It may take trillions to right economy
Obama calls for new approach
After months of piecemeal efforts to stabilize foundering US banks, the administration of President Obama is promising a comprehensive approach that a key economic adviser said will require Congress and the Federal Reserve to commit "several trillions of dollars" to repair the nation's financial system and economy.
Although he did not reveal details of the plan, Timothy Geithner, testifying at his Senate confirmation hearing for Treasury secretary, suggested it would include programs to shore up banks, address the housing crisis, and get credit flowing to consumers, small businesses, and students. Earlier, former Federal Reserve chairman Paul Volcker, who introduced Geithner at the hearing, warned that the government would have to "come to the rescue" to fix the financial system and ultimately, the economy.
"To put it starkly, we are in a serious recession with no end clearly in sight," Volcker said. "Over time, the hard fact is several trillions of dollars will be necessary to be committed in a combination of budgetary expenditures and various guarantee and insurance programs and extensions of credit by the Federal Reserve."
The prospect of more help for banks helped stock markets rebound yesterday from Tuesday's steep losses. The Dow Jones industrial average rose 279.01, or 3.5 percent, to 8,228.10. The technology-heavy Nasdaq Composite index rose 66.21, or 4.6 percent, to 1,507.07. The Standard & Poor's 500 index gained 35.02, or 4.35 percent, to 840.24.
Obama will address Congress within the next few weeks to detail the plan, which Geithner said will represent "fundamental reform" of the $700 billion financial rescue package approved in the fall. The Bush administration spent most of the first $350 billion by investing money directly in banks in exchange for ownership stakes. The new administration last week received congressional approval to release the remaining $350 billion.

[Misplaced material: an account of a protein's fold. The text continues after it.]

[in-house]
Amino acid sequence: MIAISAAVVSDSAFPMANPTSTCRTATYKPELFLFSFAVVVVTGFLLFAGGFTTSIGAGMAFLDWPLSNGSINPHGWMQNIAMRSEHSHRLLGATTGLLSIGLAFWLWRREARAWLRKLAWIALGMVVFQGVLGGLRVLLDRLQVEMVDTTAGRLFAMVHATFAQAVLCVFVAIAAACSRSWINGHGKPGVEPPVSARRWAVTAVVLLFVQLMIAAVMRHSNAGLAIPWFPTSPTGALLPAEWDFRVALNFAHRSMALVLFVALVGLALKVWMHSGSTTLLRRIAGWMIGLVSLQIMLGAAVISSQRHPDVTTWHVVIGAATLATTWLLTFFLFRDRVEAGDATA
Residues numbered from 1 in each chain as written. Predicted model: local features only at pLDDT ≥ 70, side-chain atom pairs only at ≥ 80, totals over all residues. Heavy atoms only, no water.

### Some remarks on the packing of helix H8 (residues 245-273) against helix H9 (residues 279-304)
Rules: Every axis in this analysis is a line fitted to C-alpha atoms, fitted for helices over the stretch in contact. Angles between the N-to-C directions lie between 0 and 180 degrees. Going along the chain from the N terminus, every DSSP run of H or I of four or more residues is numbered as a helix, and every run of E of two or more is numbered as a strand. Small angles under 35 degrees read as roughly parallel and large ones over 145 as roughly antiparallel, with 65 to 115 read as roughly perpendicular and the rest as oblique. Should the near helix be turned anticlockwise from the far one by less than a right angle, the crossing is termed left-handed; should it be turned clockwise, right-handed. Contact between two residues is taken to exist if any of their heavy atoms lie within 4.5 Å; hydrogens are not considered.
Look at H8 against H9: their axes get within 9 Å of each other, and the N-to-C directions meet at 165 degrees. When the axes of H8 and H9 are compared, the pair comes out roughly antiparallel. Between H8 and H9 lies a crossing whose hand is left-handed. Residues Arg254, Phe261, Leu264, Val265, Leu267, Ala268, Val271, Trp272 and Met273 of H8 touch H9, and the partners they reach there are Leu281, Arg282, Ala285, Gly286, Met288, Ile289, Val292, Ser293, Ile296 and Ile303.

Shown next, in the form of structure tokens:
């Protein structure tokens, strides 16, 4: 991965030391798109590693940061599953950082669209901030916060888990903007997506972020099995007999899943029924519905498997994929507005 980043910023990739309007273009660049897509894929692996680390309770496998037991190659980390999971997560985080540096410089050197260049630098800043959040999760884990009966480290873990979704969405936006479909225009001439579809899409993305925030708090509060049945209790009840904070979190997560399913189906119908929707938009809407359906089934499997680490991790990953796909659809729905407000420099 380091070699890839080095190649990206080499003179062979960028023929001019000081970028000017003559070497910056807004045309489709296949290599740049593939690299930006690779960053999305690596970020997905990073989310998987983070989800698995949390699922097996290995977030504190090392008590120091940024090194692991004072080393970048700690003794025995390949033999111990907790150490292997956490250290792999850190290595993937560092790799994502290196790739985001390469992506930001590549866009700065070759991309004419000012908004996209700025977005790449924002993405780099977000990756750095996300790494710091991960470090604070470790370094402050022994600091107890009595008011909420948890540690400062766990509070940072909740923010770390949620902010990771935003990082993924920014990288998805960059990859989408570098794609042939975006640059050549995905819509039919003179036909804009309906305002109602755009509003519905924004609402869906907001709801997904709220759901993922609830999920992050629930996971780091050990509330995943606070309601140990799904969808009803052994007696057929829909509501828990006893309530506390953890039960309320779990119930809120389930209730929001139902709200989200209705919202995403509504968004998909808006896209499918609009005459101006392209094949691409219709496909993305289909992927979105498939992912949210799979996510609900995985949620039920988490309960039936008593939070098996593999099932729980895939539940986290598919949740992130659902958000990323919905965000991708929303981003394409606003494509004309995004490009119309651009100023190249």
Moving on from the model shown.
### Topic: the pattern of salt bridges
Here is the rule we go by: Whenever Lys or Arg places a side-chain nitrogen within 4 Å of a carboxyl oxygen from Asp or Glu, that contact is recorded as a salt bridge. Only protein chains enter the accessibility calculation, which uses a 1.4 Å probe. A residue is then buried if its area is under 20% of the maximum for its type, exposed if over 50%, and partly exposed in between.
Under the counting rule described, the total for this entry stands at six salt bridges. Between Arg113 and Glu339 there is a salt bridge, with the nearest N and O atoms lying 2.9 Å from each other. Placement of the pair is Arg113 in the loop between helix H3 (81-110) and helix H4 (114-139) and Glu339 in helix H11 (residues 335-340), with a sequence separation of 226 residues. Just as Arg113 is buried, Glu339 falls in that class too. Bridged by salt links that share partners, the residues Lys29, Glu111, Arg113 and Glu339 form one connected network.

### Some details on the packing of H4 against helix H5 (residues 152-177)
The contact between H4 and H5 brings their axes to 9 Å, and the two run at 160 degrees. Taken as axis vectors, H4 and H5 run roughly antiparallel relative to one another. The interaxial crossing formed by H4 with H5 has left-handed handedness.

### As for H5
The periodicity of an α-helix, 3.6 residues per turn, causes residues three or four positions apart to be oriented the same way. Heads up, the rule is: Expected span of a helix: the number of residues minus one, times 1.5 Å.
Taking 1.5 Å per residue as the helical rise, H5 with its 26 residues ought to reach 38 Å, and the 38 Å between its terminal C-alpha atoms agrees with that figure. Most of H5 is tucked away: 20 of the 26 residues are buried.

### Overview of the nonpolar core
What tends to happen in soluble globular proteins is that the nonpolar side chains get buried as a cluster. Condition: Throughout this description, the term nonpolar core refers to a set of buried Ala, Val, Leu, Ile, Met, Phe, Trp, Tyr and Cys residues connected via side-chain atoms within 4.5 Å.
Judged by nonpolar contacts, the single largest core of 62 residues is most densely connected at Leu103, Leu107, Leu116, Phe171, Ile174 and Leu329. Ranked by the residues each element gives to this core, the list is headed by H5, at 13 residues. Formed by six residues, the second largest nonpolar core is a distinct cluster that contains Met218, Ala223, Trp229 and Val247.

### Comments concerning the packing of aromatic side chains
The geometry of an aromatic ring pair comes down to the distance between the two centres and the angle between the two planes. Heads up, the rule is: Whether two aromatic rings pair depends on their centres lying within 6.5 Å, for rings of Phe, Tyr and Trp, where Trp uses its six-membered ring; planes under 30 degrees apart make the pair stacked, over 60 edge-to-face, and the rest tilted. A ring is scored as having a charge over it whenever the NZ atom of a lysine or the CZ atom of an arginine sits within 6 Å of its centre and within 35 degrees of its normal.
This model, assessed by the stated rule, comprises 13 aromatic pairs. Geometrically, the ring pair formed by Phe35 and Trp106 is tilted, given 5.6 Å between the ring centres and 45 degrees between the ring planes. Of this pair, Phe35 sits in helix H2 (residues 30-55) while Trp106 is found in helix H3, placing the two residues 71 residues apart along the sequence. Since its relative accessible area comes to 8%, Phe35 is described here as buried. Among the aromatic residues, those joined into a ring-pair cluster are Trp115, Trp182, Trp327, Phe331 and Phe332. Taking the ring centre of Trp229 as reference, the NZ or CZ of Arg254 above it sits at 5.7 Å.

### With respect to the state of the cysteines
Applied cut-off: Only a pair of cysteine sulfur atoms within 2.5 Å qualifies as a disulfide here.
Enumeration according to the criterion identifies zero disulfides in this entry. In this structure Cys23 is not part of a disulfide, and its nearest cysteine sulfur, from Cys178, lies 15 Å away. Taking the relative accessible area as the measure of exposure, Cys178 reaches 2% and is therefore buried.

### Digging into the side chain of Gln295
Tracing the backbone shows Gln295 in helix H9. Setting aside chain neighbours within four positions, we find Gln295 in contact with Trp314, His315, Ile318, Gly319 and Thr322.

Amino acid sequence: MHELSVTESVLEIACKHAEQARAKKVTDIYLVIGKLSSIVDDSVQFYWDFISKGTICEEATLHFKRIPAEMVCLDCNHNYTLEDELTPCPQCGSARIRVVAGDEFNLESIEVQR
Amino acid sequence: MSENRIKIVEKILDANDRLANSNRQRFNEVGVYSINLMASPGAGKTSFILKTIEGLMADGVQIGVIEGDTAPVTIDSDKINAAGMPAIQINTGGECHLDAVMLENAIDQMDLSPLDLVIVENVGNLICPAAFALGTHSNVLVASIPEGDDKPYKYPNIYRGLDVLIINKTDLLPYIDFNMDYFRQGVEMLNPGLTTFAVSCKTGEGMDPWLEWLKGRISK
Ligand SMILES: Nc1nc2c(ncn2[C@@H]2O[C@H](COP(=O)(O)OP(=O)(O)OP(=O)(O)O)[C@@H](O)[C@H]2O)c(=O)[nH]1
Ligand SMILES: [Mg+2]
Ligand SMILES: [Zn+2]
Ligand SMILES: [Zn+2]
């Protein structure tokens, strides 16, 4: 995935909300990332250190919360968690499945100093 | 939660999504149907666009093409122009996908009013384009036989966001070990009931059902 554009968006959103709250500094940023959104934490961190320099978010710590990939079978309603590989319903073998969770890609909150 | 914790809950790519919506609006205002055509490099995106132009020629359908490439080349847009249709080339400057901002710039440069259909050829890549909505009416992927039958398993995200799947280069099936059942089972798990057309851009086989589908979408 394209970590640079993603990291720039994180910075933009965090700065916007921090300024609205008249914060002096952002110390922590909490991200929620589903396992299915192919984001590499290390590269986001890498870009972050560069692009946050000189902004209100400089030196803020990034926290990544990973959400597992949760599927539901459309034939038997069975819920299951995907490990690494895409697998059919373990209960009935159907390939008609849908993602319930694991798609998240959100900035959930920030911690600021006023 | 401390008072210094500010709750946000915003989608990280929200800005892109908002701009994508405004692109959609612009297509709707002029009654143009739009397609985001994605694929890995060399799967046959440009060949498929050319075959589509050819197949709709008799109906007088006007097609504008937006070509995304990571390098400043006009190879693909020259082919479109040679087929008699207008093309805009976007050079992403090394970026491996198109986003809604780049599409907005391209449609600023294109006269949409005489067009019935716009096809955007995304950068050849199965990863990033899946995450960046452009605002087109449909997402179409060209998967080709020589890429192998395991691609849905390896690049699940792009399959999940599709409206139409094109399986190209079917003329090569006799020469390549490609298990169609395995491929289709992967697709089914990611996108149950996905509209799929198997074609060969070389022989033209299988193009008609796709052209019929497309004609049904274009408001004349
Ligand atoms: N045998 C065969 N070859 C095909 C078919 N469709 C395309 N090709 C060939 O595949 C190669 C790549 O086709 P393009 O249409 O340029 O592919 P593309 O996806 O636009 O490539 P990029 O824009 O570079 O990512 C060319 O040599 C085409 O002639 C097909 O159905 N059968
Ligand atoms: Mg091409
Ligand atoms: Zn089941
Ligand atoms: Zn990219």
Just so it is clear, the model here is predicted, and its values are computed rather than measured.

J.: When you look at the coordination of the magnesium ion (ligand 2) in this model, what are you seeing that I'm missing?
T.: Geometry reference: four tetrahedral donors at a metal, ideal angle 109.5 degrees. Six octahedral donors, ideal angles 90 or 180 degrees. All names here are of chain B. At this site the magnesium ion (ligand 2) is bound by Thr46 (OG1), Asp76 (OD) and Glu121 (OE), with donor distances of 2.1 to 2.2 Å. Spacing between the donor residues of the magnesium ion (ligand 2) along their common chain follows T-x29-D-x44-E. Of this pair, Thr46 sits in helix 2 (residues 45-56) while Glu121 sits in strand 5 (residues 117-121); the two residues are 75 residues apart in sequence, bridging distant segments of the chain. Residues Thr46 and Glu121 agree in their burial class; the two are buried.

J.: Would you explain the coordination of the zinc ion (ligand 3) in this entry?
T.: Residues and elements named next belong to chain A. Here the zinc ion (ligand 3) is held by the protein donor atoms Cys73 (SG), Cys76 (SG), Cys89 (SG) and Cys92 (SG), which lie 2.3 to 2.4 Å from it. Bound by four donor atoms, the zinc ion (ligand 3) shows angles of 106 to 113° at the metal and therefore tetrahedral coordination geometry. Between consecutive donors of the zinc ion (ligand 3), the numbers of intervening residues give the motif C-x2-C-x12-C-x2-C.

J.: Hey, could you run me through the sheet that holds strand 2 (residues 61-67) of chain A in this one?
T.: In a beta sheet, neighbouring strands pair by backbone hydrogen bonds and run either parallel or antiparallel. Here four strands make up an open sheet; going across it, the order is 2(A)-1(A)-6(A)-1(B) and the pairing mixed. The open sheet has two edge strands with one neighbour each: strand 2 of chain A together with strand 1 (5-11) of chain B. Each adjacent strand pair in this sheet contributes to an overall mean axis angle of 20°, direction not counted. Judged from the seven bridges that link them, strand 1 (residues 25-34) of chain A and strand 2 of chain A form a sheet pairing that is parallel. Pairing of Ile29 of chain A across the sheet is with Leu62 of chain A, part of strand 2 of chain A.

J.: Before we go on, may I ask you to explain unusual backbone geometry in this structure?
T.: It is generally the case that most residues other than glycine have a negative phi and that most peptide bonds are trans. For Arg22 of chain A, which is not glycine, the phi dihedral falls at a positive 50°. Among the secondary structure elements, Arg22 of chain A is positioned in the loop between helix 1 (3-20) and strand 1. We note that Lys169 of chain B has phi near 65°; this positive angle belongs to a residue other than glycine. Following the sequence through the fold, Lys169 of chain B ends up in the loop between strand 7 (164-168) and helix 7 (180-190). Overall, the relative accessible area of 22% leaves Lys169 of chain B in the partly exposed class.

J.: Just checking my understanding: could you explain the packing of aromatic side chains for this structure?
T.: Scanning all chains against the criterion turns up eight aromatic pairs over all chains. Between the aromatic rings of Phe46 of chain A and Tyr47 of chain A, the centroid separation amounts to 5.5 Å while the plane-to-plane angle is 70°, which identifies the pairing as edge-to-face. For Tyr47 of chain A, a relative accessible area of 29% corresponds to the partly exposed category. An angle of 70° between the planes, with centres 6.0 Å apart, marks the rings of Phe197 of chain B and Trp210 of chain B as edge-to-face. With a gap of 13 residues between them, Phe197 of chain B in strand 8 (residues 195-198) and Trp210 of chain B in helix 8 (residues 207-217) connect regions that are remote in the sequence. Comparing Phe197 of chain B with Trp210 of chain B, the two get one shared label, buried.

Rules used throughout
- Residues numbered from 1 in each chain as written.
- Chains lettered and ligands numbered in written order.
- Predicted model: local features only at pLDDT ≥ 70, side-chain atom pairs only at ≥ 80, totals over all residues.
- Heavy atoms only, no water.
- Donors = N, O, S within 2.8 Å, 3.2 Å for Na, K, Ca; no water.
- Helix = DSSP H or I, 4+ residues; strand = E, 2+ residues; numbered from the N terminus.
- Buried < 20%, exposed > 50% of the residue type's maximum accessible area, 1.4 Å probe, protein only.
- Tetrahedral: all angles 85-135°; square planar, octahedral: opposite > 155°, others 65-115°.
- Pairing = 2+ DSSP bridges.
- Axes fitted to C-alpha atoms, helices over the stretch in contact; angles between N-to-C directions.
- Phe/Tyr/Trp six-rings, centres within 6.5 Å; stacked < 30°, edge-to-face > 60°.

Despite the injection of taxpayer money, the banking system continues to teeter. The original strategy behind the bailout called for the government to buy housing-related investments, such as securities backed by mortgage payments, that were creating huge losses at banks. When struggling homeowners stopped paying their mortgages, the value of the securities plunged, tying up the assets of banks and paralyzing their ability to offer loans.
But investors, fearful of more losses, are reluctant to invest in banks. Banks, in turn, have had to curtail lending to preserve capital they need to survive the downturn. The result: a credit crunch that is choking the economy.
The initial idea of the bailout was to take the troubled assets off the books, freeing banks to raise more capital and resume lending.
But after the bailout was approved, the economy began to deteriorate so rapidly that the Bush administration decided it didn't have time to set up a complex auction system to buy housing related assets. Instead, it pumped the money directly into the banks.
But even with that money, the capital position of many major banks has continued to worsen along with the economy. Accelerating job losses and rising unemployment have meant more defaults on home and consumer loans, and more losses for banks.
"The problem is more severe than had been thought," said Martin Baily, senior fellow at the Brookings Institution, a Washington think tank, and a former chairman of the Council of Economic Advisers under President Clinton. "And it's getting worse because of the recession."
Analysts said fixing the banking system will require new injections of taxpayer money, the purchase of troubled assets, and more than another $350 billion. Administration officials have floated the idea of creating a so-called bad bank that would buy and hold troubled assets.
In addition, they said, the federal government will have to use some of the bailout money to help struggling homeowners restructure and refinance mortgages to keep them out of foreclosures. Stabilizing the housing market ultimately will stabilize the values of assets tied to housing.
"You have to stop the decline in housing prices," said Allen Sinai, chief economist at Decision Economics, a Boston financial markets advisory firm. "The minute that happens, values of the assets will stop declining."
Yesterday, on a 260-to-166 vote, the House passed legislation that would require using $40 billion to $100 billion from the bailout fund to reduce mortgage foreclosures. In addition, the bill calls for restrictions on executive pay at financial institutions that receive the money.
Obama's economic team has said it would follow such provisions even without legislation.
Material from Globe wire services was used in this report. Robert Gavin can be reached at email@example.com.